User currently offlineMham001 From United States of America, joined Feb 2005, 3651 posts, RR: 5
Reply 20, posted (5 years 7 months 4 weeks 1 day 4 hours ago) and read 3829 times:



Quoting Bahadir (Reply 6):
Is Obama going to stop supporting corrupt anti-democratic Saudi Arabia? Are we going to see elections in Kuwait? Is he going to help S.A get rid of stupid rules of sharia ?



Quoting Mariner (Reply 2):
I haven't often heard a western leader do what President Obama did today.

He did not address himself to Middle Eastern leaders, he bypassed them - although he may have earned himself considerable political capital with the Saudi king.

He spoke directly to the Arabs in the street and the poor Arabs, and of their children.

It is amusing that Bush did the same thing several times and I didn't see anybody gushing. It really boils down to perceptions and so many are infatuated with a slick speaker.

In the end however, as much as things change, they will remain the same. Every president for the last 3 decades has entered the middle east with renewed vigor and every one has learned the hard way that they couldn't fix what couldn't be fixed.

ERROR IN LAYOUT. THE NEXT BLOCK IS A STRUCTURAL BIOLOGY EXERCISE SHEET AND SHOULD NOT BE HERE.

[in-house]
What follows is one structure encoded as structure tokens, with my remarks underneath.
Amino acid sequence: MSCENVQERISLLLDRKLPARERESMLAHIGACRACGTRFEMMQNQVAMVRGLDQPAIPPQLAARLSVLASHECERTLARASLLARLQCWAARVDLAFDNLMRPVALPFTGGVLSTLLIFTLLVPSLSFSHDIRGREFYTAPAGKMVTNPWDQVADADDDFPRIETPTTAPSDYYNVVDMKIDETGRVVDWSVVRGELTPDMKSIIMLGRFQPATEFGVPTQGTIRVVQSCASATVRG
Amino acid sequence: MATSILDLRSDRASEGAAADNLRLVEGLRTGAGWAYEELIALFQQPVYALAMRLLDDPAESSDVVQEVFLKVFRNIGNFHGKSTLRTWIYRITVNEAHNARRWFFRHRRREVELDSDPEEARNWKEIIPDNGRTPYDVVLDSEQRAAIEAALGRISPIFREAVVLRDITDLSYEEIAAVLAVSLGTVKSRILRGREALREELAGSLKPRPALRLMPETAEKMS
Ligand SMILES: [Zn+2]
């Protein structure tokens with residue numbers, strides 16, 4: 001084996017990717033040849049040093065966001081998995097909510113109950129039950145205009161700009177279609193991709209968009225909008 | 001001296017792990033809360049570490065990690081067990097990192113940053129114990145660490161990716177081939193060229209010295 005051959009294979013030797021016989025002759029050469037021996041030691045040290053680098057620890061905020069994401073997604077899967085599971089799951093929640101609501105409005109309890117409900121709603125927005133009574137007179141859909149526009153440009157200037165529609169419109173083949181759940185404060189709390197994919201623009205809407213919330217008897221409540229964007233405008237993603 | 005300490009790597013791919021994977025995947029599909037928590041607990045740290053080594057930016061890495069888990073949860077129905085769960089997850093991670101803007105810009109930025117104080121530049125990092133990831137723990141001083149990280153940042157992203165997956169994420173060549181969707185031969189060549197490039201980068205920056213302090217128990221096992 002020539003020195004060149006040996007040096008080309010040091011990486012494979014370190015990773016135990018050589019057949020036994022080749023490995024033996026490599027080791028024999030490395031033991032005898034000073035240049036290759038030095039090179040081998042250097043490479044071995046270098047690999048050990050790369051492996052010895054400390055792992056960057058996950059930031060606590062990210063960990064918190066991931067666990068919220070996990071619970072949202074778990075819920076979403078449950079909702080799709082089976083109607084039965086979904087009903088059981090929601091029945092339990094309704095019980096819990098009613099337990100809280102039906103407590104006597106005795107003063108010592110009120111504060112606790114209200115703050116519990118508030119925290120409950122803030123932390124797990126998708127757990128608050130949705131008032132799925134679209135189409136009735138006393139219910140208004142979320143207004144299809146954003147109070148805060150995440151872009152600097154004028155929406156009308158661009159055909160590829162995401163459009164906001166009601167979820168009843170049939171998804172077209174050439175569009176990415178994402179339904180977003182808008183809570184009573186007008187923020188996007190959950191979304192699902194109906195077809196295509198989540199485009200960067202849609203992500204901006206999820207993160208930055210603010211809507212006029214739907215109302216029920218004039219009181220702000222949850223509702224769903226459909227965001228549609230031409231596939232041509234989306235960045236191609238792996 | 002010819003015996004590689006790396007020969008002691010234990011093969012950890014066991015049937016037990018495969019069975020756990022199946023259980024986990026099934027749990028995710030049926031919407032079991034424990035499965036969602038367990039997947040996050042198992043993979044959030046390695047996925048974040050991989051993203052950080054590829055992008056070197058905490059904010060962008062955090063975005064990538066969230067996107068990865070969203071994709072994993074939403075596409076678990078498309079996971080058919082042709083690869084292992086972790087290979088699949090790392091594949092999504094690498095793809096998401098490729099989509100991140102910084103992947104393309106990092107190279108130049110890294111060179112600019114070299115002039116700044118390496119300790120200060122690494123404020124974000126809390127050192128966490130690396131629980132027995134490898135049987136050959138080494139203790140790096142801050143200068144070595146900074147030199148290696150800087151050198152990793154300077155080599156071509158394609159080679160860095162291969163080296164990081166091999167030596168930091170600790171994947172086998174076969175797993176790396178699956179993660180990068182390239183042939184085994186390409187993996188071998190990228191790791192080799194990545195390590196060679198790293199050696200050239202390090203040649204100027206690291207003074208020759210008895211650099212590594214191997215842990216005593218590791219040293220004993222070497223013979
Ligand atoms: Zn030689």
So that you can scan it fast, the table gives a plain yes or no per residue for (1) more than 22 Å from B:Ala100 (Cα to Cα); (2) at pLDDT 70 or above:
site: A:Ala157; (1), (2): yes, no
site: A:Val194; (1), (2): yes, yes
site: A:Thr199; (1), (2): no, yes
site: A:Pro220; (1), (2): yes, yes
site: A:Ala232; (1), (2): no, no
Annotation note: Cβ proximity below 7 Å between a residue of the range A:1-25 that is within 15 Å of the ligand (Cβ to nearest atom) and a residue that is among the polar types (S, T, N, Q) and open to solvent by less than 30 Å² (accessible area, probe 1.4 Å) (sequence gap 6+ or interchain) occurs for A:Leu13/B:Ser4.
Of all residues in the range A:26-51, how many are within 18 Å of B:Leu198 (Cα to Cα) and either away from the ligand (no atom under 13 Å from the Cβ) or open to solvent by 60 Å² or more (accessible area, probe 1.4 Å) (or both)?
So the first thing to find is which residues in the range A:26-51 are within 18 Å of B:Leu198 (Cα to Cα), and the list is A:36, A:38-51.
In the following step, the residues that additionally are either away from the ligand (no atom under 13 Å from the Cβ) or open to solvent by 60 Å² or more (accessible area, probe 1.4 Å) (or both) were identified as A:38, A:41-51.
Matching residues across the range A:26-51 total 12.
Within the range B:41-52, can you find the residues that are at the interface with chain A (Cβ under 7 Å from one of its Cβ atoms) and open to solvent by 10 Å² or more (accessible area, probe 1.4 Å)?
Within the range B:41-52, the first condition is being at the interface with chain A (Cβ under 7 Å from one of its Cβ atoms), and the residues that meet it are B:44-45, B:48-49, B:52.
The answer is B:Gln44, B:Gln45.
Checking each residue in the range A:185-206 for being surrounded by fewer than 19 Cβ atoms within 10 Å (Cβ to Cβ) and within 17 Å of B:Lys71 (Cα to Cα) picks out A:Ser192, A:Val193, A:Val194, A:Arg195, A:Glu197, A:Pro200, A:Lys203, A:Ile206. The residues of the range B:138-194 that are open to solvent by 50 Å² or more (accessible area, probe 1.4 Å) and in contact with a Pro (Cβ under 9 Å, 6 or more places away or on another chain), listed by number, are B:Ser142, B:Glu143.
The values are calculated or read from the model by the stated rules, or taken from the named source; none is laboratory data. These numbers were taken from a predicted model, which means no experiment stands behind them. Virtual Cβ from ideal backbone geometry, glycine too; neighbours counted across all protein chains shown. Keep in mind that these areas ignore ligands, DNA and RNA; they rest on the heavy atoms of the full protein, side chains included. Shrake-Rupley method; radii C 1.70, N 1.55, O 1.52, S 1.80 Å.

User currently offlineMariner From New Zealand, joined Nov 2001, 25289 posts, RR: 85
Reply 21, posted (5 years 7 months 4 weeks 1 day 4 hours ago) and read 3816 times:
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Quoting NIKV69 (Reply 19):
I love how he says AQ ia scared of him.

The reprort asked him the question. But since you seem to disagree with the reporter:

http://www.examiner.com/x-243-Progre...iner~y2009m1d25-al-qaeda-and-obama

Examiner: ""Al Qaeda freaking about Obama"

"It's gratifying that something so simple as electing a new American president with a more grounded view of the Middle East could throw al Qaeda into a panic and worried about whether they can continue to recruit Muslims to their murderous cause."

http://www.washingtonpost.com/wp-dyn...le/2009/01/24/AR2009012401703.html

WaPost: "To Combat Obama, Al-Qaeda Hurls Insults"

"The torrent of hateful words is part of what terrorism experts now believe is a deliberate, even desperate, propaganda campaign against a president who appears to have gotten under al-Qaeda's skin. The departure of George W. Bush deprived al-Qaeda of a polarizing American leader who reliably drove recruits and donations to the terrorist group."


mariner



aeternum nauta
User currently offlineSlider From United States of America, joined Feb 2004, 6818 posts, RR: 34
Reply 22, posted (5 years 7 months 4 weeks 1 day 4 hours ago) and read 3801 times:



Quoting Klaus (Reply 1):
Which will only matter, of course, if the actions will actually match the words.

That’s it in a nutshell. Can Obama’s decision-making and action follow the rhetoric?

Quoting NIKV69 (Reply 19):
This is news how? They know that already. Yet they keep ignoring the fact that their own radical fellow muslims that are the problem.